- PSU is considering starting true freshman Michael Menet, a five star guard type.
- Rutgers QB Chris Laviano "edged" a grad transfer brought in to compete with him. I mostly mention this because I had no idea this went down last year: "Laviano will have a chance to win over Rutgers fans who had no love for him last season when he went five straight games without a touchdown pass and lost his cool by blasting them on social media after interpreting boos meant for then-coach Kyle Flood at his own show of toughness in the middle of a career-best game."
- MSU has five "co-starters" on the DL. One of them is a 275-pound DT who grad-transferred from Nebraska, a second is a redshirt freshman, and a third is a senior DE with eight career tackles. If that doesn't presage a major dropoff despite the presence of Malik McDowell I'm going to throw a shoe.
- Per Urban Meyer, H-back Curtis Samuel is OSU's "number one playmaker on offense." Mike Weber is "close" to being named the starting RB; after Brionte Dunn was booted his competition is "nah" and "???." Malik Hooker and Damon Webb are leading to start at safety; sounds like Webb is still a little combustible.
- OSU may start true freshman Michael Jordan at guard. Jordan was a well regarded recruit but not so well regarded that you shouldn't expect Michigan to wreck that dude.
[I sat down shortly after the start of Mattison's roundtable.]
"Watching them this summer, you know, we're not allowed to be around them but I'm hearing what they've done and they've really taken care of business. They've worked really hard this summer, which shows that they have the same goals for their group as we do."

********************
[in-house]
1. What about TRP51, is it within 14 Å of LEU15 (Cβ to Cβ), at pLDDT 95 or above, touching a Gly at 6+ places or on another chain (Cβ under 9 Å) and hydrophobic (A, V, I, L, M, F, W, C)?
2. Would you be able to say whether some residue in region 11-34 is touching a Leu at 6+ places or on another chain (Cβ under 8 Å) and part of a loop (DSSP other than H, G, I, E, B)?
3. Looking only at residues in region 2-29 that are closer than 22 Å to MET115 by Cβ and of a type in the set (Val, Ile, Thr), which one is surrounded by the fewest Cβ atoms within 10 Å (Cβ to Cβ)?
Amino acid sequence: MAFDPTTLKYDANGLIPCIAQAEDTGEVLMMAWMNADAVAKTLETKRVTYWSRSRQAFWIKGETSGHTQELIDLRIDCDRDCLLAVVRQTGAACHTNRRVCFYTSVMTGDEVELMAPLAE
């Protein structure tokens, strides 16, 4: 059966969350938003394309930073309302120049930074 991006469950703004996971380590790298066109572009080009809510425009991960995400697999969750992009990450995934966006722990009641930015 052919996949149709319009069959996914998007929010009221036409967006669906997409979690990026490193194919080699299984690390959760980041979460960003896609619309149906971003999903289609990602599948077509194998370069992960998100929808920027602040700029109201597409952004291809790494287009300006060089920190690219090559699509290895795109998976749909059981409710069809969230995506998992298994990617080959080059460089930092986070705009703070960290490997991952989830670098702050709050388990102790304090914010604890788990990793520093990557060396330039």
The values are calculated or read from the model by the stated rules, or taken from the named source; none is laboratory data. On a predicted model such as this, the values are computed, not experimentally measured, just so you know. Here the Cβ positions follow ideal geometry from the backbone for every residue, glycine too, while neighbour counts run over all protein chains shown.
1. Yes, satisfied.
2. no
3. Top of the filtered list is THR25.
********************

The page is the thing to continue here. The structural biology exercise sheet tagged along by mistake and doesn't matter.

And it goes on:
How many different places are you going to use Taco, or are you going to center in on one spot for him? And talk about what he brings to the table.
"The entire group of guys by their positions, tackle and nose, end is called 'end' or 'anchor', those are the two outside guys, they know that they have to know both positions. The reason for that is teams that trade the tight end, when you're an end you become an anchor, anchor becomes an end, that kind of thing, nose and tackle—and it helps us with our rotation. We've found this out over the years and it's happened more and more—teams that run spread offense, really one of the reasons they do that is if you have a really good defensive line or experienced defensive line, they try to wear them out, they try to get that defensive line to not have the impact that it would have in a game by taking a little bit of their gas away. So we want to have the ability to plug a lot of guys into different positions.
"Also I think whenever you are at a position and you know the other positions, you know better how to play it. I think the days are over where 'I am a this position and that's all I do,' and you're going to get in trouble doing that because all of a sudden somebody goes down or gets nicked up and you need to take the next-best guy and put him in somewhere. Experience helps you with that. These kids have heard the same techniques, the same expectations for three and four years, it's easy for them to slip into another position."
And then Taco, talk about...
"Taco will start out—he played both the anchor and the end, but we'll play him more as the open-side end this year. With him playing that position will be Chase Winovich. Chase has showed some great things this spring, having never played the position, but he's a young man that we're looking for—he's got a lot of things going for him. He's very aggressive, very fast for his size, he's gotten bigger, and that gives us the two that you're looking for, at least, at that position."
And Taco, talk about his contributions, speed and size, what he brings...
"Taco's got great leverage. He's a six-foot-five guy, so he's got long leverage, which allows you to keep separation. He plays very physical. He can run. He's an athlete, he was an outstanding basketball player. And he's got great experience now. He's played a lot of football since he's been here and now I think he really feels about about—you know, he's ready to really go."
[Hit THE JUMP for Mattison answering many questions that aren't Taco talk-abouts.]